Advisor(s) - Committee Chair
Dr. Chris Groves,Dr. Nick Crawford,Dr. Stephen Kenworthy,Dr. Jun Yan
Department of Geography and Geology
Master of Science
Agriculture contamination is very common in karst systems due to the vulnerability of these aquifers. Animal waste is often spread across crop land to enrich the soil with nitrates and phosphates. Herbicides and pesticides are also applied to the crops. The transport of these pollutants through the soil and epikarst is a difficult process to monitor due to the complex, heterogeneous behavior of the groundwater as it makes its way down to the aquifer below.
An experimental site at Crumps Cave lended a unique opportunity to monitor the vadose zone at a waterfall in the cave below. A previous dye trace established the connection between an 11.15 m2 grass plot and this underground waterfall. The field design used here, utilizing a rainfall simulator, allowed control of the input of precipitation and tracers to understand more about the movement of stormwater infiltrating the soil and the differences in transport of solute particles and bacteria in the epikarstic zone. Two particle transport experiments were used to better understand these processes. The first trace involved injection of fluorescein dye and sodium chloride. The 2,650 liters of solution were injected over a period of 3.6 hours at a rate of 6.6 cm/hr. An electrical resistivity traverse, perpendicular to the hypothesized straight-line path of the established dye trace connection, showed a peak in lower resistance at the upper epikarst layers 4 hours and 15 minutes after the beginning of the injection. Dye concentrations reached a peak of 1,600 ppb 3 hours and 15 minutes after the beginning of the injection. The conductivity also peaked at this time with a value of 814 µS. This first trace showed that rapid transportation of solutes happened in localized conduits causing a peak of both solutes in the cave before the widespread mobilization of sodium chloride was seen in the epikarst by the resistivity images an hour later.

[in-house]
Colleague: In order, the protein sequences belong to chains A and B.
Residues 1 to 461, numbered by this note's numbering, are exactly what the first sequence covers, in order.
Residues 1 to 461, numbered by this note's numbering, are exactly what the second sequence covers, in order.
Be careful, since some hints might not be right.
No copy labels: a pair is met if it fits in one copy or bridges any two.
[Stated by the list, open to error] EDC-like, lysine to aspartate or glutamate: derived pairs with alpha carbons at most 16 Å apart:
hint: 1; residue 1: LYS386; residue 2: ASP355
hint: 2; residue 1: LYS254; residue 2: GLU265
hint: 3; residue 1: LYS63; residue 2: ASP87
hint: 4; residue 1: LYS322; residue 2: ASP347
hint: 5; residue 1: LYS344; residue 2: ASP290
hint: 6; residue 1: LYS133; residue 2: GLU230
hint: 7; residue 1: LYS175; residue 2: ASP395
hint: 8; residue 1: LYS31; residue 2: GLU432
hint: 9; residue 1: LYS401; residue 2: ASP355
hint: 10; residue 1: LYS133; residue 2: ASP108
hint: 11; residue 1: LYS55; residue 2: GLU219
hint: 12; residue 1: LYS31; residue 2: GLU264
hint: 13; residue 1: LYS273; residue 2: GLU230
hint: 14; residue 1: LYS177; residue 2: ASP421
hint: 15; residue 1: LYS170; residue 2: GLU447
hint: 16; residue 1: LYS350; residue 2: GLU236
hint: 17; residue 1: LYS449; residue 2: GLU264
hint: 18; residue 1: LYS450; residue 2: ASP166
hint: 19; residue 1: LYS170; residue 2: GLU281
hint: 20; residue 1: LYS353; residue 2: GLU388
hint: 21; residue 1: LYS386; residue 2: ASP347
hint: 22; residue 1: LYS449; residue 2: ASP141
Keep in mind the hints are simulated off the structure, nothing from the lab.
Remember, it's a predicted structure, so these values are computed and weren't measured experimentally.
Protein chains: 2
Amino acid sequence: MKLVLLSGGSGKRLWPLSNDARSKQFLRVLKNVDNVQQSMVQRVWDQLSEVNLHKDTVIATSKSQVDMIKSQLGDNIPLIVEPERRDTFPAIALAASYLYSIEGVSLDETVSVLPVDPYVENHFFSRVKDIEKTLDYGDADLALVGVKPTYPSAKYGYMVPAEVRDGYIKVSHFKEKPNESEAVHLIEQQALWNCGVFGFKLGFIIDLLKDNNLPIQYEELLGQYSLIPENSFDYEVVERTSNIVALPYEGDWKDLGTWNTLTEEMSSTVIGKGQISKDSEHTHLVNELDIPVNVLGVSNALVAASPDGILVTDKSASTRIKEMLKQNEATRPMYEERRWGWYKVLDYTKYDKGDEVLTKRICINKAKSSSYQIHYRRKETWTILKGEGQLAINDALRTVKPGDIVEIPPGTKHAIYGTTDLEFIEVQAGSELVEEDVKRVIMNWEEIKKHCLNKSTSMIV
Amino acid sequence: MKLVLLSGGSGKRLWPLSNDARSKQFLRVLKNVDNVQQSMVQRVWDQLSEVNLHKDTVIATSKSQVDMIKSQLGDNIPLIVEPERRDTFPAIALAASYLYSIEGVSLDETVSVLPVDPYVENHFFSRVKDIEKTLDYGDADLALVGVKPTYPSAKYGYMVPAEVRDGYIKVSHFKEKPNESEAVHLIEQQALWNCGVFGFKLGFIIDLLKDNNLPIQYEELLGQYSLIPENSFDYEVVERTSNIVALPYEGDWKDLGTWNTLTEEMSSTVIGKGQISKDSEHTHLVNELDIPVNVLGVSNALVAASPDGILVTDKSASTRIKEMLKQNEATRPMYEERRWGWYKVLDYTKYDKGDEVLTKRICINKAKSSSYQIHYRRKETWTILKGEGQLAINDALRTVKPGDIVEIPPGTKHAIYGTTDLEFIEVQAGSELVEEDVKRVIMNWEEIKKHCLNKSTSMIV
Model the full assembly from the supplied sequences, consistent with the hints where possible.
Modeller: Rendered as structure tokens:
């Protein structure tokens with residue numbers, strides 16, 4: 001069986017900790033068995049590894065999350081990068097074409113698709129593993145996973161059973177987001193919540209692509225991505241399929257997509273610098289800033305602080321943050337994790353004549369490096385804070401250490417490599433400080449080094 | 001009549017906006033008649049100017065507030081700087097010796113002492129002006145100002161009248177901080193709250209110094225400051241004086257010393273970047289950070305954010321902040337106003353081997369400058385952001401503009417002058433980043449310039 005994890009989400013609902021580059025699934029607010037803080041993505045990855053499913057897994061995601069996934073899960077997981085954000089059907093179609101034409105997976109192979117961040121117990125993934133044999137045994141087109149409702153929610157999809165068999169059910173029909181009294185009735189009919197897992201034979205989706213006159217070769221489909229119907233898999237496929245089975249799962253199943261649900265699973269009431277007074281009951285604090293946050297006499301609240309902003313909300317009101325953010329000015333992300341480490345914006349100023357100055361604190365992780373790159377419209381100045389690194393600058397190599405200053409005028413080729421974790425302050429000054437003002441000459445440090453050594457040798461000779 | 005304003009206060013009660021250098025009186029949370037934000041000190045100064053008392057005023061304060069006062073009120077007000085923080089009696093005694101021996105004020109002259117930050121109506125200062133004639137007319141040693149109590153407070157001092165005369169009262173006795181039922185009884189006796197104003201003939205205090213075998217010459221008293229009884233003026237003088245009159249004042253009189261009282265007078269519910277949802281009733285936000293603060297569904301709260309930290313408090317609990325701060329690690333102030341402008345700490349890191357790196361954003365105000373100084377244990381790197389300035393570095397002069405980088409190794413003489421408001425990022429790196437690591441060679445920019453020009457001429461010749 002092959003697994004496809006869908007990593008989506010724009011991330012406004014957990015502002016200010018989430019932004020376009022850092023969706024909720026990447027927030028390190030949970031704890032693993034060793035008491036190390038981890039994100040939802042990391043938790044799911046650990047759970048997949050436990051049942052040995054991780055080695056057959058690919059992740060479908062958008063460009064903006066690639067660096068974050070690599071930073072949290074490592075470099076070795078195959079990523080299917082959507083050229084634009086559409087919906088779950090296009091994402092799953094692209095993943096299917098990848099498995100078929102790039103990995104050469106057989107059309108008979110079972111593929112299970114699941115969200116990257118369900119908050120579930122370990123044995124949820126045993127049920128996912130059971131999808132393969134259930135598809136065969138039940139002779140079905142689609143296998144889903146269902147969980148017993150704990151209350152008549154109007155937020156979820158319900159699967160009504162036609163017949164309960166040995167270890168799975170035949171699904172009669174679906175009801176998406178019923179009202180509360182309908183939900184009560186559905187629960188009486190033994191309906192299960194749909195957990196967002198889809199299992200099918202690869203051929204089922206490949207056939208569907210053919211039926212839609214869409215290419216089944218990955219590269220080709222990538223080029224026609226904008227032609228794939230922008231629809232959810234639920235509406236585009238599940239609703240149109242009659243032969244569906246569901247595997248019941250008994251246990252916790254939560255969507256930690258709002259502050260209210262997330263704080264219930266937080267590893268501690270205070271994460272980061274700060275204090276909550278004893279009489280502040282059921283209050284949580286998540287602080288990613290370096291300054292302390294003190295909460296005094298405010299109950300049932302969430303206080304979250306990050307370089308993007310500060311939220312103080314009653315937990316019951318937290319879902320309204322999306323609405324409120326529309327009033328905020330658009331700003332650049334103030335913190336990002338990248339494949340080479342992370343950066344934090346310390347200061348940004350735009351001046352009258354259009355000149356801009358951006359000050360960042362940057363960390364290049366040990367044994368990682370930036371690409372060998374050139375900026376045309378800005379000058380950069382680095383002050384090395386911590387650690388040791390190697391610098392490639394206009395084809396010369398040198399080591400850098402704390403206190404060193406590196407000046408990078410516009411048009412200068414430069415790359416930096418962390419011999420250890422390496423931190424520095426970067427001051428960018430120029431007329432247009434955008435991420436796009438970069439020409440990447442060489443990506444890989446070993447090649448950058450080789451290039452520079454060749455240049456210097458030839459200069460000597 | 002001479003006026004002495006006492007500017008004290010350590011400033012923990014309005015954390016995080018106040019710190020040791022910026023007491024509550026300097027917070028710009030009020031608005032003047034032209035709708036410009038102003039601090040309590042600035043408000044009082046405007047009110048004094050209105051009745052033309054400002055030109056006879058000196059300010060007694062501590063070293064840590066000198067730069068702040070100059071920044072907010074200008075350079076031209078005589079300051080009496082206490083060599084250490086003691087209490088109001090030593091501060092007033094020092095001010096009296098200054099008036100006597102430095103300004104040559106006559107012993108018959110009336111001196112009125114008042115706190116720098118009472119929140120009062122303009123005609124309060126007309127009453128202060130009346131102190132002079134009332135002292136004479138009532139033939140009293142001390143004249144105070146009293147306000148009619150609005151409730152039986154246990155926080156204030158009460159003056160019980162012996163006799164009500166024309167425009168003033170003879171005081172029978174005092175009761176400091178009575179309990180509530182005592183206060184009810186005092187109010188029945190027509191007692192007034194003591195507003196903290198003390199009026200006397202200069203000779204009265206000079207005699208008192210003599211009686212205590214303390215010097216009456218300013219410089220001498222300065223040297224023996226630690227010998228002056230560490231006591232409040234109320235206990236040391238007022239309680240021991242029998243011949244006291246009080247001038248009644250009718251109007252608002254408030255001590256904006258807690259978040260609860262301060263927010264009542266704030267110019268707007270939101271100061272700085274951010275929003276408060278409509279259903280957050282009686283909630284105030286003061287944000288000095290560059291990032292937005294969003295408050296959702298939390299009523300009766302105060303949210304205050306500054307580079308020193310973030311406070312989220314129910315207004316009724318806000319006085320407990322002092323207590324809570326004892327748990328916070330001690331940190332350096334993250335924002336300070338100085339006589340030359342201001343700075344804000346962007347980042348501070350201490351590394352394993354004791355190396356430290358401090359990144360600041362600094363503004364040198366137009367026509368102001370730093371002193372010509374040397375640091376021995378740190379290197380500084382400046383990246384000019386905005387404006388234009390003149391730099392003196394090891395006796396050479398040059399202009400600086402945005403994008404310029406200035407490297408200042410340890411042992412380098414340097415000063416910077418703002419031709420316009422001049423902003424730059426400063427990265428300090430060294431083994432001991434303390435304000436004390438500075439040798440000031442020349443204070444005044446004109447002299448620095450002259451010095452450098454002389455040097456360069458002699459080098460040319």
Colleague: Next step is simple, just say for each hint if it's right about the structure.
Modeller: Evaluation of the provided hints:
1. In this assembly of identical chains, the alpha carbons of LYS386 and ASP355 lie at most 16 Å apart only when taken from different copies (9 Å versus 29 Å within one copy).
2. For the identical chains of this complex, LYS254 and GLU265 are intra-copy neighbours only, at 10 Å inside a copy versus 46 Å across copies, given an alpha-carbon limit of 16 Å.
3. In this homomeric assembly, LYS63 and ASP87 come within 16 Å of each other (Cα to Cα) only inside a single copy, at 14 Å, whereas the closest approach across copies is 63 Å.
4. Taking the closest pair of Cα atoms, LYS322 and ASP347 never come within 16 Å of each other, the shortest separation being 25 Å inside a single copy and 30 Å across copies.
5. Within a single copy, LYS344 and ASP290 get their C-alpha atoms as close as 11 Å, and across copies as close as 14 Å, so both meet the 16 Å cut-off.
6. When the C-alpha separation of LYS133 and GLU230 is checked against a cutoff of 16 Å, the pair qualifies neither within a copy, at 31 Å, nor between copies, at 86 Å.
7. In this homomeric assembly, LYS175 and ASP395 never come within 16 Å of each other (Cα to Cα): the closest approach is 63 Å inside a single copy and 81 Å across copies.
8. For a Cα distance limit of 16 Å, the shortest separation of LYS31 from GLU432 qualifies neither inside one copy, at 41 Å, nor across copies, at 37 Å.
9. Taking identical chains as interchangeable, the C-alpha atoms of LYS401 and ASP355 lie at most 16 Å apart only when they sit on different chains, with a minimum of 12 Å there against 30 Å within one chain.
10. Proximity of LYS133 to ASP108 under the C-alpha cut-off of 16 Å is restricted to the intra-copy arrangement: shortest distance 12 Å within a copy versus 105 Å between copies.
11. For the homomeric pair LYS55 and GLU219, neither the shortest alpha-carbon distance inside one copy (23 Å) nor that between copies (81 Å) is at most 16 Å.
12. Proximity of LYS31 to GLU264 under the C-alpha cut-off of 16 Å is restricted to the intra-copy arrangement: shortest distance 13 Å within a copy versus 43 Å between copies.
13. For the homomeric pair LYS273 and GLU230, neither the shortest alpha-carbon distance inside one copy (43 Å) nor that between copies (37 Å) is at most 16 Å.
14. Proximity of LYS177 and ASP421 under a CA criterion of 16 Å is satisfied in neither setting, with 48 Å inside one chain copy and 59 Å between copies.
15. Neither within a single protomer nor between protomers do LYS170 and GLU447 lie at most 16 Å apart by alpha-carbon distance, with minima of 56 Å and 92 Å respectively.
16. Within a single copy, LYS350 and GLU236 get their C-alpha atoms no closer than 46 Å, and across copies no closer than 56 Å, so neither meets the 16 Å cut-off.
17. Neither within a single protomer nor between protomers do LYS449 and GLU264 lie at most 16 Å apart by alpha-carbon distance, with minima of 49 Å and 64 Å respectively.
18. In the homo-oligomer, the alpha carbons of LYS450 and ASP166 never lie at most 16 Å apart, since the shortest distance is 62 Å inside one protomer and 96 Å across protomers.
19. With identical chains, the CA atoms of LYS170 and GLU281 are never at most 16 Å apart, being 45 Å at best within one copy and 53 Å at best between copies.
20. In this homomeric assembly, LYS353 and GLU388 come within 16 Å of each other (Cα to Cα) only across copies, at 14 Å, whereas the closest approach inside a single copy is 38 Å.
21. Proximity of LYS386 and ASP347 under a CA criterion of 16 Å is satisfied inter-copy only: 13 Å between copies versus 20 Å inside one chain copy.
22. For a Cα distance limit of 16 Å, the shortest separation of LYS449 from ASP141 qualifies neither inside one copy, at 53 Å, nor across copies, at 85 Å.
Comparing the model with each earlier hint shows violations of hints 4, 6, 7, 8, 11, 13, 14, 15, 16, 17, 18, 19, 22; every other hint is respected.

In the second trace, 2,605 liters of a sulphorhodamine dye solution was injected over 180 kg of dairy cattle manure spread on the 11.15 m2 plot of grass for a period of 3.6 hours at a rate of 6.6 cm/hr. Dye concentrations reached a peak of 27 ppm 4 hours and 15 minutes after the beginning of the injection. Fecal coliform reached its first peak of 2,755 MPN (most probable number of viable cells per 100 mL of water) 90 minutes prior to the dye peak and a second peak of 2,481 MPN occurred 15 minutes prior to the dye peak. These results showed that solutes travelling through the soil and epikarst follow similar paths while bacteria prefer conduits that offer more rapid transmission to the underground waterfall.
Agricultural and Resource Economics | Animal Sciences | Environmental Health and Protection | Environmental Monitoring | Geographic Information Sciences | Geography | Mineral Physics | Physical and Environmental Geography
Ham, Brian, "Using Conservative and Biological Tracers to Better Understand the Transport of Agricultural Contaminants from Soil Water through the Epikarstic Zone" (2009). Masters Theses & Specialist Projects. Paper 133.
Agricultural and Resource Economics Commons, Animal Sciences Commons, Environmental Health and Protection Commons, Environmental Monitoring Commons, Geographic Information Sciences Commons, Mineral Physics Commons, Physical and Environmental Geography Commons